"Ray: The Rayful Edmond Story: Part 2" (2008)

"In 1989, 24-year-old Rayful Edmond was sentenced to 25 years in prison for drug trafficking and homicide, but as director Troy Reed's documentary shows, Edmond didn't let incarceration stop his criminal activities. Coincidence put him in a cell with one of Colombia's biggest cocaine distributors, allowing Edmond to expand his Washington, D.C. based empire from behind bars. The irony of the ensuing events is as riveting as any Hollywood film." ~ Netflix Wikipedia

"Soldiers in the Army of God" (2005)

"Connected by the Internet and an unshakable belief in their cause, a tight-knit group of extreme pro-life activists who—all members of the Army of God—have turned to violence to abolish abortion. This fascinating documentary examines several of the soldiers involved in the ongoing 'battle,' including Paul Hill, the man who committed the infamous 1993 murders of two abortion clinic workers in Pensacola, Fla." ~ Netflix Internet Movie Database

"The Poet and the Con" (2006)

"Poet Eric Trules uses home movies, original footage and clips from "America's Most Wanted" to tell the story of how his uncle became the prime suspect in a 1982 murder. The focus of the film, however, is as much on Trules's relationship with his uncle—a lifelong criminal and underworld boss—as on the crime itself, providing a commentary on morality, creativity and criminality within families and sociocultural institutions." ~ Netflix

"The Real Rick Ross Story" (2006)

"Witness the larger-than-life true story of Ricky Donnell Ross—also known by his street moniker 'Freeway Rick'—who made history in the 1980s and '90s as one of the most notorious drug dealers in the business, pulling in daily profits ranging from $300,000 to $1 million. Rising from poverty and illiteracy, he climbed to a level that no one expected, spreading his empire from the streets of New York and Los Angeles to everywhere in between." ~ Netflix Wikipedia

"Shooting Henry Hill" (2006)

"Filmmaker Luke Heppner tracks down and interviews Henry Hill, the infamous Mafioso turned informant whose story was dramatized in the feature film Goodfellas. Ousted from the witness protection program for ongoing criminal activity, Hill reveals his still-troubled life as he makes a living by cooking in an Italian restaurant, battles alcoholism, and continues to be embroiled in controversy over his involvement with the mob." ~ Netflix Wikipedia

"NBC News Presents: Inside Evil: Jeffrey Dahmer and Son of Sam" (2006)

"This feature-length documentary that originally aired as a pair of NBC news reports chronicles the crimes of two of the world's most notorious serial killers: Jeffrey Dahmer and David Berkowitz (aka 'the Son of Sam'). Bonus material includes never-before-seen footage from Stone Phillips's exclusive interviews with Dahmer and his father, Lionel, which offer startling new insights into the mind of a cold-blooded murderer." ~ Netflix Wikipedia

"Mario’s Story" (2007)

"Shot over the course of seven years, this documentary from filmmakers Susan Koch and Jeff Werner relates the inspiring true story of Mario Rocha, an East L.A. teen who unlocked his talent for writing while serving out a murder sentence behind bars. As his family and a team of pro bono attorneys labor on the outside to clear his name for a crime he didn't commit, Mario keeps himself grounded on the inside by writing poems, short stories and plays." ~ Netflix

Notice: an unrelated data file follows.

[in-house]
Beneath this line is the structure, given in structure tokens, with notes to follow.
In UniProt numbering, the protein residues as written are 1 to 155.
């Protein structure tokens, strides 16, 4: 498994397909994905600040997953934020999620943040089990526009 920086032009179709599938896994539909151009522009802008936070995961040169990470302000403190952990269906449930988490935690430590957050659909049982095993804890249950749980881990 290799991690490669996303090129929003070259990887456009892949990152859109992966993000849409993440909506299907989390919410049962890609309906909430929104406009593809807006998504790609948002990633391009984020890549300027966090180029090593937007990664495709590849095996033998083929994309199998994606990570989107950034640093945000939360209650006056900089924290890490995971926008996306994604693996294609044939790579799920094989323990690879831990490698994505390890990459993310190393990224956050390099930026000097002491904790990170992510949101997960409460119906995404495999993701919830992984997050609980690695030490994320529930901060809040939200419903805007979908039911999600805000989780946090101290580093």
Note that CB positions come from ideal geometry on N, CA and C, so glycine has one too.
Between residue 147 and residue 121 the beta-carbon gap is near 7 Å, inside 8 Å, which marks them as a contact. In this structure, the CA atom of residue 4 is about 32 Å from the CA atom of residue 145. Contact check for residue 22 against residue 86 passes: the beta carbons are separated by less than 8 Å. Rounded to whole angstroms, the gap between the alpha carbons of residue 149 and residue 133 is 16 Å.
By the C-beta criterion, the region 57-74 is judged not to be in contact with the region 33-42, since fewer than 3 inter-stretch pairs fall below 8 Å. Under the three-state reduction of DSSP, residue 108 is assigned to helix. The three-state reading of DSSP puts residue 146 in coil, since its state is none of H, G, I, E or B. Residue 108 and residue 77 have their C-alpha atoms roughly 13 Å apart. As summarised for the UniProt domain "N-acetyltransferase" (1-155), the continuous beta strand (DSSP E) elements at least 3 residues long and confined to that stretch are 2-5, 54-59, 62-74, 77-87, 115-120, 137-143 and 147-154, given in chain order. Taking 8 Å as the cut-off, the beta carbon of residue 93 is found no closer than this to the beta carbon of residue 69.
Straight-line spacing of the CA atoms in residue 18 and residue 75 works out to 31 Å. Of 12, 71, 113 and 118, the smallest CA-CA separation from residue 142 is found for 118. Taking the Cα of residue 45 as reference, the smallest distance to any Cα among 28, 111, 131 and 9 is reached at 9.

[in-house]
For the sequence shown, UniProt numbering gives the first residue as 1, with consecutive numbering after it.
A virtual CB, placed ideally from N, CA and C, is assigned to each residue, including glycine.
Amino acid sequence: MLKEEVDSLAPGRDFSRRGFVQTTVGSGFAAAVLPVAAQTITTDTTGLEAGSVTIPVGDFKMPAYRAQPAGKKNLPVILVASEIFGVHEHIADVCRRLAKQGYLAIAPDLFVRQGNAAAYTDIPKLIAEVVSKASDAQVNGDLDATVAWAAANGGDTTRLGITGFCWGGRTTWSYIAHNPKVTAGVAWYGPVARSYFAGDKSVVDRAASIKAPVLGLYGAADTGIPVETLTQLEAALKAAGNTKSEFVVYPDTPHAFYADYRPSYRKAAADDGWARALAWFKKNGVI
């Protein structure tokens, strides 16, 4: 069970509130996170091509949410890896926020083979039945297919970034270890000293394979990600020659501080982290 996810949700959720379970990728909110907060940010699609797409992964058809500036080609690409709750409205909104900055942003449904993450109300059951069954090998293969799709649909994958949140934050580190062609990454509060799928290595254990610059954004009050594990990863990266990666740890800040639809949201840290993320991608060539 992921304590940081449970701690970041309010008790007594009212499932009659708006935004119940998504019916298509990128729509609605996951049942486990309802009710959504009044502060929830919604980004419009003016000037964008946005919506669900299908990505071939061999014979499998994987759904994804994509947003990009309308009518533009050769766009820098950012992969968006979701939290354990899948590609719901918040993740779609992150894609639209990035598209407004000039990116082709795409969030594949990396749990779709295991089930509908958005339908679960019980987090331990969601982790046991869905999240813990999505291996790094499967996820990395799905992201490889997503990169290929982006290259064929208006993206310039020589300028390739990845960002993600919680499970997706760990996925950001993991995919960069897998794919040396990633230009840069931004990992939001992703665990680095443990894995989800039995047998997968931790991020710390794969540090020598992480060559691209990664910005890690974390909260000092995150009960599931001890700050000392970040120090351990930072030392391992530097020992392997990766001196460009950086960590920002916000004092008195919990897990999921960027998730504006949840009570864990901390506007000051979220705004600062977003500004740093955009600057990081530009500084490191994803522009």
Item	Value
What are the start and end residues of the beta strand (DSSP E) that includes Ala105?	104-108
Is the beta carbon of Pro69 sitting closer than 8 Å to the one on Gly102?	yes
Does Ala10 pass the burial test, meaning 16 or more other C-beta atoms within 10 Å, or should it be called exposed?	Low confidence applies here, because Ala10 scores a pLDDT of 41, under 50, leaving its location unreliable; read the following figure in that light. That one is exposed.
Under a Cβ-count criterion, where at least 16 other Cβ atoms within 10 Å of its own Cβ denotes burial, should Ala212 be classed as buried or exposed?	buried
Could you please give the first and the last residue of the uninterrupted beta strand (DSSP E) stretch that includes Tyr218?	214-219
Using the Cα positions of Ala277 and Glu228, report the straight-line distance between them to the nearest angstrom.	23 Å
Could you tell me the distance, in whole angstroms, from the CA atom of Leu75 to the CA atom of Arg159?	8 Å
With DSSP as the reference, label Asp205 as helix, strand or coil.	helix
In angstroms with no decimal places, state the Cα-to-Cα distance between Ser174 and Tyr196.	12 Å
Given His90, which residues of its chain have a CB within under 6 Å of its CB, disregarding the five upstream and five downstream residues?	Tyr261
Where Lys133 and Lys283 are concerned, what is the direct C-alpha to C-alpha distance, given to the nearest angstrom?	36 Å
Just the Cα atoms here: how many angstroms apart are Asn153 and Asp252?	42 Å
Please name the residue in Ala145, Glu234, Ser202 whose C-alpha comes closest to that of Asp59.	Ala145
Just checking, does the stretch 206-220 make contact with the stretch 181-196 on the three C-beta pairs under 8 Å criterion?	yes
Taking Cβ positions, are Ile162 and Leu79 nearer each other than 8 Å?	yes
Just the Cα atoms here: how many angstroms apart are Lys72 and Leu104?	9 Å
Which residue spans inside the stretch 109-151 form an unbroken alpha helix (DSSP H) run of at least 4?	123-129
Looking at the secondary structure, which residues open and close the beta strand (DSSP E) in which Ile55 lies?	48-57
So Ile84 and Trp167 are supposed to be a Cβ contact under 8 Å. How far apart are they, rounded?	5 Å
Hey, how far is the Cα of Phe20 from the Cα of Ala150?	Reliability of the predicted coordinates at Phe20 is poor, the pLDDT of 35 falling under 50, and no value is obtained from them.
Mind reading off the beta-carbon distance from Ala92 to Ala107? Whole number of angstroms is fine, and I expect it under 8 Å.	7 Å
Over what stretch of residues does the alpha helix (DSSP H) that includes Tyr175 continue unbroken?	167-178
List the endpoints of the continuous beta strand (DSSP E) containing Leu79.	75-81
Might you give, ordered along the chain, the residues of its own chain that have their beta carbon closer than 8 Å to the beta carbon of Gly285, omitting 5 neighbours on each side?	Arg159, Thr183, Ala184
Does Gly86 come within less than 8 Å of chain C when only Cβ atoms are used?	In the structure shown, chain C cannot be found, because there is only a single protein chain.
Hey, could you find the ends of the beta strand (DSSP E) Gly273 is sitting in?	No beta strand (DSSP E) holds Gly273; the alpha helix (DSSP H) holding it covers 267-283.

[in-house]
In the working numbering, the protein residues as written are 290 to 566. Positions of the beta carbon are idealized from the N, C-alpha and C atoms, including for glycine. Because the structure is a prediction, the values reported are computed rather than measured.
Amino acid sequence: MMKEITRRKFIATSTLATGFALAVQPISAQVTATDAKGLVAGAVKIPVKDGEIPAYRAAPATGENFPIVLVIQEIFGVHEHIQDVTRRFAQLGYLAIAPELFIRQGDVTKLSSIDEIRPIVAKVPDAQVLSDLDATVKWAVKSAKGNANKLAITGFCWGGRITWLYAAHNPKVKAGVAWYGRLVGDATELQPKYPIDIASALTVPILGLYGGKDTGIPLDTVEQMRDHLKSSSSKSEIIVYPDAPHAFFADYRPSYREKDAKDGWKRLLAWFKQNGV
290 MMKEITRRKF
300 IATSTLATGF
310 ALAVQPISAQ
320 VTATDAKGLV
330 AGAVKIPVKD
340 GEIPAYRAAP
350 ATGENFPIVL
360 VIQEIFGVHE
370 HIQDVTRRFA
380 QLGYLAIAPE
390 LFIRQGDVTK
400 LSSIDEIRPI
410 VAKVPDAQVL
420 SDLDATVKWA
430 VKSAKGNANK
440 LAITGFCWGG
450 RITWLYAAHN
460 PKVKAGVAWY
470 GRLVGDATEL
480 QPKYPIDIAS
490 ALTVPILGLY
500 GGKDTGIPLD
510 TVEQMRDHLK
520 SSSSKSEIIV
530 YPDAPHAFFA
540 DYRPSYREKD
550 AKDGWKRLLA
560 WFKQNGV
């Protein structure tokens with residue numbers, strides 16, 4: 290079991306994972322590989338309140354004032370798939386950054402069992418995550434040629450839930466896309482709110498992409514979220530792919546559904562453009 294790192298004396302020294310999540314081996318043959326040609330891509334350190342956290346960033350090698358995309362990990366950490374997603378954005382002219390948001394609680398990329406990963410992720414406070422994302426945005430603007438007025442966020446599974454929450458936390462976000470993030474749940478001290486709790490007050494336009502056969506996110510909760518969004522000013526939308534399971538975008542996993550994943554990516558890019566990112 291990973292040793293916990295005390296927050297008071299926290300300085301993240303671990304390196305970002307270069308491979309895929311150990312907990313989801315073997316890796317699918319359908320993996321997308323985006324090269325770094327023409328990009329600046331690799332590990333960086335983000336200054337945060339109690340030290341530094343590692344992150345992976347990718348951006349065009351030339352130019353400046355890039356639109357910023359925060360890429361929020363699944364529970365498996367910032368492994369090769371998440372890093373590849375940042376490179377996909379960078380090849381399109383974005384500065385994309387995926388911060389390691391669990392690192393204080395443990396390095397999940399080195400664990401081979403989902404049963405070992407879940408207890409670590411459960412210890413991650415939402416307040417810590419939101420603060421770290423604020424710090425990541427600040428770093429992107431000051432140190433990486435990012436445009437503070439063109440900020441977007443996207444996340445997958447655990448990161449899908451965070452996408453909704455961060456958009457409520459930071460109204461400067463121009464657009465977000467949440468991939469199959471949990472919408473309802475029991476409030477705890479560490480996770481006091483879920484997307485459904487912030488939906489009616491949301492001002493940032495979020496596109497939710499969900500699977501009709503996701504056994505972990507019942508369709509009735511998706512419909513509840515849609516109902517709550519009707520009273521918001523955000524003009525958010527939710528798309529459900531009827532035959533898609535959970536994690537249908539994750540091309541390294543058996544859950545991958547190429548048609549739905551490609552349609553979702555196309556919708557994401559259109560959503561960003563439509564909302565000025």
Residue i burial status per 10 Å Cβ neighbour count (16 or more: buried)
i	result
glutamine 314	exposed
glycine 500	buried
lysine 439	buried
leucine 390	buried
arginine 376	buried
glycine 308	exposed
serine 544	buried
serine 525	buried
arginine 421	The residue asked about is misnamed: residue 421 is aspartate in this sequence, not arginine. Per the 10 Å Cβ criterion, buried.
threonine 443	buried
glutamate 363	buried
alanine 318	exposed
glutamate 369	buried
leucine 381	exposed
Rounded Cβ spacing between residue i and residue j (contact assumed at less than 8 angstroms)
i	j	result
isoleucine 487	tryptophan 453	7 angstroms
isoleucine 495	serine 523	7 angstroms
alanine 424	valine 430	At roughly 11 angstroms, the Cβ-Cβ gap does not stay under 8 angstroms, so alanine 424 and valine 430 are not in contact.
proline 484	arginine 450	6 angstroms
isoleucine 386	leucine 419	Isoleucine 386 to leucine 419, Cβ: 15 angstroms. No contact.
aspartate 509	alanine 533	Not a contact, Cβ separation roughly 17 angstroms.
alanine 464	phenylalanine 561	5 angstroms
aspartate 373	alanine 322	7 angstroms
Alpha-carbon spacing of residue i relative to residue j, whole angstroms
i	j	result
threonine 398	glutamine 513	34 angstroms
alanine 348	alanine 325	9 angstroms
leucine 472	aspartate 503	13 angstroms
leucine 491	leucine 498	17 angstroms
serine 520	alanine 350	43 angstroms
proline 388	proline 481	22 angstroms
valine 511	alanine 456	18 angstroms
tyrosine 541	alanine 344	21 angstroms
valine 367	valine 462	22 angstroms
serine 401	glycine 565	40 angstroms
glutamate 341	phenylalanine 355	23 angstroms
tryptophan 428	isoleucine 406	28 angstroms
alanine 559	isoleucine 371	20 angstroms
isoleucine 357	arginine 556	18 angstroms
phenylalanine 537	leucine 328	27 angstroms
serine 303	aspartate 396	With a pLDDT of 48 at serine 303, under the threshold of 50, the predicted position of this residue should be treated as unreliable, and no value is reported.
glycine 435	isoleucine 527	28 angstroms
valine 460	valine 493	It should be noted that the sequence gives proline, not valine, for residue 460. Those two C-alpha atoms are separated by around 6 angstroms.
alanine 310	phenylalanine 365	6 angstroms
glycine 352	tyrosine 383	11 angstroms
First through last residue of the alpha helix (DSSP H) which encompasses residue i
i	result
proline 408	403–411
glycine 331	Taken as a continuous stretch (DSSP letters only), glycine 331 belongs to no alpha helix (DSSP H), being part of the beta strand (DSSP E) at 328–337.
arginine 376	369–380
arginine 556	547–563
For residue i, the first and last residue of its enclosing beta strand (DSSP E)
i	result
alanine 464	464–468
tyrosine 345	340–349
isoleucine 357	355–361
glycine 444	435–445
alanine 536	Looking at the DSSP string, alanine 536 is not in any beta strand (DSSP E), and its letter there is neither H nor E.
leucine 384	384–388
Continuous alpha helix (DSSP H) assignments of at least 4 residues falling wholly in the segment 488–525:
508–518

"Crazy Love" (2007)

"This documentary from director Dan Klores chronicles the disturbing true story of an obsessive relationship gone awry in 1950s New York between Burt Pugach, a married lawyer, and his twentysomething mistress, Linda Riss. In a shocking reversal of the traditional 'woman scorned' formula, it was Pugach who came unglued when Riss broke up with him—and the subsequent fallout made headlines across the country." ~ Netflix Wikipedia

"Albert Fish" (2007)

"One of the most notorious deviants in the history of crime is profiled in H.H. Holmes director John Borowski's docudrama-style account of the reprehensible transgressions of cannibalistic child murderer and molester Albert Fish. His dark rampage fueled by distorted interpretations of Biblical tales, Fish ritualistically tortured and murdered scores of children in Depression-era New York before being arrested by authorities and executed for his crimes in 1936." ~ Jason Buchanan, All Movie Guide Wikipedia

"Cocaine Cowboys" (2007)

"In the early '80s, a new business emerged in Miami, FL, that changed the face of the city forever. That business was cocaine smuggling; as America developed a growing appetite for the drug, Colombian suppliers found that Miami was a good place to bring it into the United States, and a new breed of outlaws were more than happy to face the risks of importing cocaine in exchange for the massive profits to be made. At one time, cocaine runners were making so much money that the city's banks were running out of room to store the cash, and smugglers were developing new ways to move the product, from floating tanks with radio tracking devices dropped into the ocean to cars stashed with drugs so well-connected drivers with tow trucks could haul them away and abandon them if necessary. The profits from Miami's cocaine explosion helped to transform the city into a major American playground, but it also brought a criminal element interested in more than just dealing drugs, as bloody reprisals between competing gangs of smugglers became commonplace, and hitmen began working overtime to keep up with the demand for revenge. Billy Corben and Alfred Spellman are a pair of Miami-based filmmakers who were able persuade a number of key figures from Miami's '80s cocaine trade to speak on-camera about their exploits, as well as law enforcement officials who struggled to keep up with them. The result was Cocaine Cowboys, a true-life thriller about the underworld culture that helped spawn the film Scarface and the television series Miami Vice. Jan Hammer, who composed the Miami Vice theme song, created a like-minded score for the documentary." ~ Mark Deming, All Movie Guide